The first step in this direction is the so-called FRAC Act (H.R. 2766: Fracturing Responsibility and Awareness of Chemicals Act; S. 1215: Fracturing Responsibility and Awareness of Chemicals Act), which aims to repel the exemptions from the Safe Drinking Water Act. But of course, that still leaves fracking exempt from the Clean Air Act, the Clean Water Act and the Superfund Act.

In addition to these obvious fixes, I found myself wondering why so few people seem to have made a connection between drilling and the Emergency Planning and Community Right-to-Know Act (EPCRA). Of course at the federal level, fracking is exempt — because it is not among the industries regulated by the act. However, considering that natural gas wells use between 30,000 and 80,000 pounds of hazardous and/or toxic chemicals (based on the best estimates I can find), it seems that communities have the right to know this information. It would be easy for one of our congressional leaders to author legislation extending the EPCRA to cover oil and natural gas industries.

But even without such an extension, as best I can tell, natural gas drilling is NOT exempt from the Pennsylvania Worker and Community Right to Know Act (Act 159 of 1984). And considering the quantities of chemicals used, is probably also liable for reporting under the OSHA Hazard Communication Standard and the Pennsylvania Hazardous Material Emergency Planning and Response Act (Act 165 of 1990). And even though the Department of Environmental Protection claims the industry is bound by the Right to Know Act, I was unable to find satisfactory information on this issue. In fact, it appears they are not complying with this regulation.

So, today I contacted Pennsylvania’s Department of Labor & Industry and filed a formal request for clarification on their interpretation of this matter. I also contacted several attorneys asking for their interpretation of whether these statutes might hold jurisdiction over the use of chemicals by natural gas drillers in Pennsylvania. Of course, it is entirely possible I have missed a loophole somewhere. Stay tuned…

Clean Air = Dirty Water?

The New York Times has just released another fantastic story in its “Toxic Waters” series. The article highlights some of the complexities involved when attempting to address externalities and the tragedy of the commons. The article also vividly illustrates how solutions to such externalities and commons problems often create new (presumably unintended) spillovers (on externalities and commons see Coase 1960; Hardin 1968; Dietz, Ostrom, Stern 2003, etc). In other words, we see how new framings rather than solving problems can actually set in motion a cascade of overflows (see Callon 1998, 2007, etc).  In this case cleaner air comes at the expense of dirtier water, at least in part because the institutional arrangements (such as the Clean Air Act and the Clean Water Act) have been designed in ways that do not account for the interrelatedness of these dynamic processes.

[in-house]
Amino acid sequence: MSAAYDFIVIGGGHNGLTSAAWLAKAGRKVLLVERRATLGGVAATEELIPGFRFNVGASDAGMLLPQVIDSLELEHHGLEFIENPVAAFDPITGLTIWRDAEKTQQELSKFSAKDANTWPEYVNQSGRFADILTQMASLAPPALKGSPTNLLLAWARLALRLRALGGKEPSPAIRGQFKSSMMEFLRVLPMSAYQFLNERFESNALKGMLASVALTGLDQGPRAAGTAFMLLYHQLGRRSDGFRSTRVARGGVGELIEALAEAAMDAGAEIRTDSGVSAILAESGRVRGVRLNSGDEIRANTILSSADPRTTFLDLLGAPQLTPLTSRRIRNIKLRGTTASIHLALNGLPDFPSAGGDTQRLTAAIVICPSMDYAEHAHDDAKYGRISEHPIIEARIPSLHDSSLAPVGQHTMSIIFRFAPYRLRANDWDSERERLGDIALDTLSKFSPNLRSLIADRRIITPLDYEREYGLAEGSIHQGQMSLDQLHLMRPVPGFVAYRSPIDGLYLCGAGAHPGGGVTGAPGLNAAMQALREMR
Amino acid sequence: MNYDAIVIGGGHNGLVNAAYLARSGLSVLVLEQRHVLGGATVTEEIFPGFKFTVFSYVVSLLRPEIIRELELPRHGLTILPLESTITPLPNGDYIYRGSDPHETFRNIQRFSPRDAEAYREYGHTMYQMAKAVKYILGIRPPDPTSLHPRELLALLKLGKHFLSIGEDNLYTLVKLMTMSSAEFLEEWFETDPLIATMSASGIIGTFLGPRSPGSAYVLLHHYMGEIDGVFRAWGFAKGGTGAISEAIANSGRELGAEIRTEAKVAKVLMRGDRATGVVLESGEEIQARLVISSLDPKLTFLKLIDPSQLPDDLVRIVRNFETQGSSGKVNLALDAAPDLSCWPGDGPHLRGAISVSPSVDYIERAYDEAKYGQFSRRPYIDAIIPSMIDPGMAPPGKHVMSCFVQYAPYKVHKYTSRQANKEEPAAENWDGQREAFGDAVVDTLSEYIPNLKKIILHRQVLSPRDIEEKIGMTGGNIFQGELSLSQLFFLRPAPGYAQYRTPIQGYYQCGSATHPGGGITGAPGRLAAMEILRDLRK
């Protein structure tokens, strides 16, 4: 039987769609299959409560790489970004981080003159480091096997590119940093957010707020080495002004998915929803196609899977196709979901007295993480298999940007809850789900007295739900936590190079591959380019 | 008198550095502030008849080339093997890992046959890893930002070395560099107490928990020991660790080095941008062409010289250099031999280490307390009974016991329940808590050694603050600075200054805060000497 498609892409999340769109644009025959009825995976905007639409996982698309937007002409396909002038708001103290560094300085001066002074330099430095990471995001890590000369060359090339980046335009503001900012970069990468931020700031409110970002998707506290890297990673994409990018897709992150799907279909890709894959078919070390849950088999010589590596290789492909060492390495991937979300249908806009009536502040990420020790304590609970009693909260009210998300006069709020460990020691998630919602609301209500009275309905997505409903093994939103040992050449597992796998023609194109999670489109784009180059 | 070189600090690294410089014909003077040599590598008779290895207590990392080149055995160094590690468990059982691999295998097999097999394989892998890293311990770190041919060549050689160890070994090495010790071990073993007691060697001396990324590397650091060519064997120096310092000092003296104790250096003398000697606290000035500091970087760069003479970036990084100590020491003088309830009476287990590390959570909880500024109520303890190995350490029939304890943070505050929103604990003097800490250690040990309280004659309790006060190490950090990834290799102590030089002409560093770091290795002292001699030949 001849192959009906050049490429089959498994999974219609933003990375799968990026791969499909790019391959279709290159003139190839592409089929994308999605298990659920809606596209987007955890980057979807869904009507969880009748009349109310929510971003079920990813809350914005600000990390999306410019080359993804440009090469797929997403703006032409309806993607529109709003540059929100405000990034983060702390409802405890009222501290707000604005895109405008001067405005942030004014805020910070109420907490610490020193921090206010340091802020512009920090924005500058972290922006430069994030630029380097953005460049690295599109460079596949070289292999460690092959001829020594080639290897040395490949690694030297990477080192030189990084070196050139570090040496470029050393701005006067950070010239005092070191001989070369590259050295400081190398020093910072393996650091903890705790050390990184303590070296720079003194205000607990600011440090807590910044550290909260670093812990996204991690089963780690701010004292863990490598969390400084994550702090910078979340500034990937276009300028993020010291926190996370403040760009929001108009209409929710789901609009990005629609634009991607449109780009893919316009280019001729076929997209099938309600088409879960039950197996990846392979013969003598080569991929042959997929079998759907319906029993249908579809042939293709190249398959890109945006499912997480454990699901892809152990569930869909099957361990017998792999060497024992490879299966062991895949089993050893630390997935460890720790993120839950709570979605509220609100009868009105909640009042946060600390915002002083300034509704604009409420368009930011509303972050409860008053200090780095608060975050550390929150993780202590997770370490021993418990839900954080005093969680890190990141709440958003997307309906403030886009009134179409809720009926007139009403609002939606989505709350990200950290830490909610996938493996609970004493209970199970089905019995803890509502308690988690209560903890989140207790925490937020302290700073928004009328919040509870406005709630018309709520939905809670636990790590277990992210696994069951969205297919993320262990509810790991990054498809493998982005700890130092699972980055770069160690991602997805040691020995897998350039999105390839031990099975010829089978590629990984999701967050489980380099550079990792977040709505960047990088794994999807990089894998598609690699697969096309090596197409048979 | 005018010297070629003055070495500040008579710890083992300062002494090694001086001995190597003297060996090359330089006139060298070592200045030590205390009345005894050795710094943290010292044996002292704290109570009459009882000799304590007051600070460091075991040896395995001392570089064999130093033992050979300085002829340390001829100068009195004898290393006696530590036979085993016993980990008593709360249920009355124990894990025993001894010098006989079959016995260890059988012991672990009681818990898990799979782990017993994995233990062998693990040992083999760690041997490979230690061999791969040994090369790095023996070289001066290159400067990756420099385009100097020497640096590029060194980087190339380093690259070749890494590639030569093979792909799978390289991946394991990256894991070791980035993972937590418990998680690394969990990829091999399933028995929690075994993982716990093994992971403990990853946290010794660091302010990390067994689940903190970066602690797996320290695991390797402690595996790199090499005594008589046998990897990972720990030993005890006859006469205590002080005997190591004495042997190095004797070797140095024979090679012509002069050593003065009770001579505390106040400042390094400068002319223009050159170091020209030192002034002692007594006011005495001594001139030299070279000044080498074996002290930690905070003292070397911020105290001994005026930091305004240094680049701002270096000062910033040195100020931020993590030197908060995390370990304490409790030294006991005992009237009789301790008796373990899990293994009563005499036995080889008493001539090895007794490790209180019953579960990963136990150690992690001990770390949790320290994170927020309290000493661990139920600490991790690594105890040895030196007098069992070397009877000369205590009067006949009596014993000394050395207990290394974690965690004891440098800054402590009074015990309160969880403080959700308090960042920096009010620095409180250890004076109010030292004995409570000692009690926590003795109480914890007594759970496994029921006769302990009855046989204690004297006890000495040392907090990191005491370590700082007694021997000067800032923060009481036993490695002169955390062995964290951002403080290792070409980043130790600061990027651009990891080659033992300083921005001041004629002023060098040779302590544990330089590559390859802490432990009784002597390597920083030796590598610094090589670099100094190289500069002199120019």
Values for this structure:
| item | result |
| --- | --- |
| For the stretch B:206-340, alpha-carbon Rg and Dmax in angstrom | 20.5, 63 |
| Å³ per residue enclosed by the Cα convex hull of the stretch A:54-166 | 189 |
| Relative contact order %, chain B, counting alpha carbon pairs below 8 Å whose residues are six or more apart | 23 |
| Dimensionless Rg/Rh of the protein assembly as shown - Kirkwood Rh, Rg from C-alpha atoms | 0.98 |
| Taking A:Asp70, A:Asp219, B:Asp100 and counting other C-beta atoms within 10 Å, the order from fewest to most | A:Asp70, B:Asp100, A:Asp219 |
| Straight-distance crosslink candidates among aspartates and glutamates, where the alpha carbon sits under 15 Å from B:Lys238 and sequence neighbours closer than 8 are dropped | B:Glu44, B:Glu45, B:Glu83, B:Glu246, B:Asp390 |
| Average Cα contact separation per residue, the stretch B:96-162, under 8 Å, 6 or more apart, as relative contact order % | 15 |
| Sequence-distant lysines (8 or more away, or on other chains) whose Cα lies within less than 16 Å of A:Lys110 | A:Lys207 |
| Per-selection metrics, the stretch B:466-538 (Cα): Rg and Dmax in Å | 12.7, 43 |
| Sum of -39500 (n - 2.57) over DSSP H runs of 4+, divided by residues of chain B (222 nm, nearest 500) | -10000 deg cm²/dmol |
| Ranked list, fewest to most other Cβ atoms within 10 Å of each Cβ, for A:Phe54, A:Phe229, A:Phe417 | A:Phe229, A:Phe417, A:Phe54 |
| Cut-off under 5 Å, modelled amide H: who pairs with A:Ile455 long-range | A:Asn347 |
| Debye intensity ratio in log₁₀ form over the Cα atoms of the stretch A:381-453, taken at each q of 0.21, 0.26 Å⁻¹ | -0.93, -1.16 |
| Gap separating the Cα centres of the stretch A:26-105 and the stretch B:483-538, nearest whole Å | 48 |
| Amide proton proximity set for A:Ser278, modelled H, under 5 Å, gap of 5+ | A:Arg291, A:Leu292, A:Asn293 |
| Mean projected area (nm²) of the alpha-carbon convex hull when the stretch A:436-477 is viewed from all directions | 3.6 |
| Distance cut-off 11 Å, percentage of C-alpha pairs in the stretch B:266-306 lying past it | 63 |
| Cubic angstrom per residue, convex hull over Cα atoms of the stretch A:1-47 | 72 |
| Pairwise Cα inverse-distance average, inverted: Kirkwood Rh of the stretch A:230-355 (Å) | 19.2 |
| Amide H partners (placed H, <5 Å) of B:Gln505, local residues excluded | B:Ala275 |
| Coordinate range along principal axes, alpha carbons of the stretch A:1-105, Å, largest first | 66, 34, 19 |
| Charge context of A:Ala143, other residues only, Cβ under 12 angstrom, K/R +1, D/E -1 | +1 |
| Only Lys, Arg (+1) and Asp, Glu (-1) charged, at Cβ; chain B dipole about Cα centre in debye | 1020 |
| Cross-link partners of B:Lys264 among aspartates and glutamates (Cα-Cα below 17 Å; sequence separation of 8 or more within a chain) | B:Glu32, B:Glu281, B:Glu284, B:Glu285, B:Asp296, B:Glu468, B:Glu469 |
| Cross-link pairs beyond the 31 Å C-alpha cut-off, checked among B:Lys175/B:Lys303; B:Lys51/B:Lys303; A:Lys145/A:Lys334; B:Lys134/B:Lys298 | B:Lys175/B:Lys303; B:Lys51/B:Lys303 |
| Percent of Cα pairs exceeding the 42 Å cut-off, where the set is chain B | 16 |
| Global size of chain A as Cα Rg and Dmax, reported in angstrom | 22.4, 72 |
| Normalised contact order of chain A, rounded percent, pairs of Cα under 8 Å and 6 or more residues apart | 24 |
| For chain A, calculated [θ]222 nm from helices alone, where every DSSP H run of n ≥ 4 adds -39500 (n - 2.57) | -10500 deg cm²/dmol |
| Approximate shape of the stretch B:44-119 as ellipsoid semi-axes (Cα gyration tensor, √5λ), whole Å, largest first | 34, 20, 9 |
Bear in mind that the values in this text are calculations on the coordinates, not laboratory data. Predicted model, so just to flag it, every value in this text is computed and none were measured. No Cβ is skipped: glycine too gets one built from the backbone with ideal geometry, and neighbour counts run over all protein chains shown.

Source: New York Times

Source: New York Times

At a more practical level the story is again accompanied by an interactive database of water polluters searchable by location.  For this story the database has been updated with the ability to look specifically at the violation records of coal fired power plants. Of note, Pennsylvania coal plants represent 4 out of the 15 violators of clean water regulations in the United States.  These plants include:

For more on the issue of water pollution, see my earlier post here.

Electric Utilities and Wastewater Regulations

Something must be in the, err, water…

On the heels of my recent post about Toxic Waters, tomorrow’s Wall Street Journal features a story about plans by the Environmental Protection Agency (EPA) to tighten regulations on the quality of the wastewater discharged from coal-fired power plants.  At issue are the toxins left behind from the scrubbing process used to remove the toxins from the air.

“Power plants pump out dirty water in part because of technology installed to stop the spread of soot and ash from smokestacks. The systems that clean smokestack emissions scrub the exhaust with water-based compounds. If left untreated, that mixture of water and metals can contaminate waterways and drinking water, the EPA said.”

For the full story, visit “Utilities Face Stiffer Wastewater Rules.”

Toxic Waters

On Friday night I watched Frontline’s “Poisoned Waters” (from Netflix via Roku), a two hour investigation by Pulitzer Prize winning journalist Hedrick Smith into “the growing hazards of water pollution to human health and the ecosystem.” The program was divided roughly into two segments: First, a look at Chesapeake Bay, and second, an investigation of Puget Sound.  In addition to detailing issues specific to each location, both Chesapeake and Puget were “read” as microcosms of the much larger problem facing America’s waterways.